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I would really like to learn to speak Old English, but it seems that spelling and pronunciation weren't exactly standardized in the early medieval times. In fact, I'm not sure we know much about Old English in general. Is it possible to become fluent in pre-12th century English with what information we currently have about it? And if so, are there any resources you could point me to?

Ic þancie þē (Thanks)!

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    Strictly speaking, fluency and proficiency are two different things. Proficiency refers to the level you've reached (e.g. CEFR level), while fluency refers to the easy witch which you can use the knowledge you have acquired (regardless of level). Which if these two do you have in mind? – Tsundoku Jun 1 '20 at 19:15
  • @Tsundoku Fluency. I don't really care about official standards, as I don't expect Old English to necessarily help me get a career. I just want to speak it without having to think too hard about it. I want it to be my second language. – Micah Windsor Jun 1 '20 at 19:22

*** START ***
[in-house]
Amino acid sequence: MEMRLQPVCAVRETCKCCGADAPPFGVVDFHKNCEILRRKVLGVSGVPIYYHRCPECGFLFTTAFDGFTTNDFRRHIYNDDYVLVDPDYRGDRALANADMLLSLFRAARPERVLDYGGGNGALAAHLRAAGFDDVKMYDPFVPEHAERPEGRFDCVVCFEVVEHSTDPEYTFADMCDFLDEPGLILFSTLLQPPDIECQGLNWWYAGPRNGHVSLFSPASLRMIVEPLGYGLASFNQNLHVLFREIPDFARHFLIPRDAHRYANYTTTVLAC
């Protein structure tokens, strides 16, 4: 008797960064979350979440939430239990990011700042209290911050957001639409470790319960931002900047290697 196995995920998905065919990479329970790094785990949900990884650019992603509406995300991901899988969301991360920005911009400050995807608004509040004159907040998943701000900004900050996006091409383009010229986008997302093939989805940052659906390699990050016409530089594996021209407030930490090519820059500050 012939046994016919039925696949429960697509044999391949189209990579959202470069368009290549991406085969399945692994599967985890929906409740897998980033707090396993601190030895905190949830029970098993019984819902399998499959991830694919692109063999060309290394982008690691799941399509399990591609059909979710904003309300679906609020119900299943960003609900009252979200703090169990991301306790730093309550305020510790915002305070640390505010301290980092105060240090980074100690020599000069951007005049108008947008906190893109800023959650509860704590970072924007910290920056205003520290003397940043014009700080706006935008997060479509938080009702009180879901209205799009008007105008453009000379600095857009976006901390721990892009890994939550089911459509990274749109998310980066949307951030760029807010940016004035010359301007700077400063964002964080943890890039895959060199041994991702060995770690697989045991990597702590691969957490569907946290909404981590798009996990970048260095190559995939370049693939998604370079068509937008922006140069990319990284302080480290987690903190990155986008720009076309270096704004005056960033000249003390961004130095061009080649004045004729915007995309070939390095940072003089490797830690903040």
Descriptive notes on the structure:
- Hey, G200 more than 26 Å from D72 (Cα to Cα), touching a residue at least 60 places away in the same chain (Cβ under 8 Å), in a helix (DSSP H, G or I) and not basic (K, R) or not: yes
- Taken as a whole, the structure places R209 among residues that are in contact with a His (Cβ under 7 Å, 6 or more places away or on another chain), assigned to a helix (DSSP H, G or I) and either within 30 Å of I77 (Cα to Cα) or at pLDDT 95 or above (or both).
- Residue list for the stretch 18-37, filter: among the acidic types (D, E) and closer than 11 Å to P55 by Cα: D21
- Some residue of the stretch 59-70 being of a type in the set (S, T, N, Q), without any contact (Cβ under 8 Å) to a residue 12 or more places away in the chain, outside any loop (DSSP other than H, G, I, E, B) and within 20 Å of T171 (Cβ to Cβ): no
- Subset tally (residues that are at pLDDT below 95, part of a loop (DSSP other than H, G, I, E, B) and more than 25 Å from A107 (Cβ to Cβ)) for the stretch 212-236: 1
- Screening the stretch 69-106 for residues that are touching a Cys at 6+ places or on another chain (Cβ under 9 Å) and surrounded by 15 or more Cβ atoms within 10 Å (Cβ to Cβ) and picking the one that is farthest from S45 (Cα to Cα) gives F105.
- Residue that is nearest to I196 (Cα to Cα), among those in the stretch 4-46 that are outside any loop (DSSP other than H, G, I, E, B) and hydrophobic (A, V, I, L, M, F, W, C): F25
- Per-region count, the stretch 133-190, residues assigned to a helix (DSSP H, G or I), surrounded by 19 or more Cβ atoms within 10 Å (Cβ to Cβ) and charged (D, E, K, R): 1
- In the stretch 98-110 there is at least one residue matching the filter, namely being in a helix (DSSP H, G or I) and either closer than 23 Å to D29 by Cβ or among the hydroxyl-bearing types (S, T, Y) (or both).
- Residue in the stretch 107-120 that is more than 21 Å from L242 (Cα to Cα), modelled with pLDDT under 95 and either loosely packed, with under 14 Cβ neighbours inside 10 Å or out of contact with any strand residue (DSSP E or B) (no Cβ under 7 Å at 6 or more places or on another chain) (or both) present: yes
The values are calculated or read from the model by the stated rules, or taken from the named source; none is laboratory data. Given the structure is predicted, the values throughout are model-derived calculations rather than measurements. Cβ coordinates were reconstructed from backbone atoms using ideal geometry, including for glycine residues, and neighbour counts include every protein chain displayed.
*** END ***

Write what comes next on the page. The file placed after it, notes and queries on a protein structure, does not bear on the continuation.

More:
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As far as if it is possible to become in old English. the answer is yes. Look up professor Alexander Arguelles. Not only is he fluent in old English, he claims to know over 95% of the words in old English. As far as resources, I will direct you again to Professor Arguelles he has a YouTube channel where he talks about the resources hes uses to learn languages

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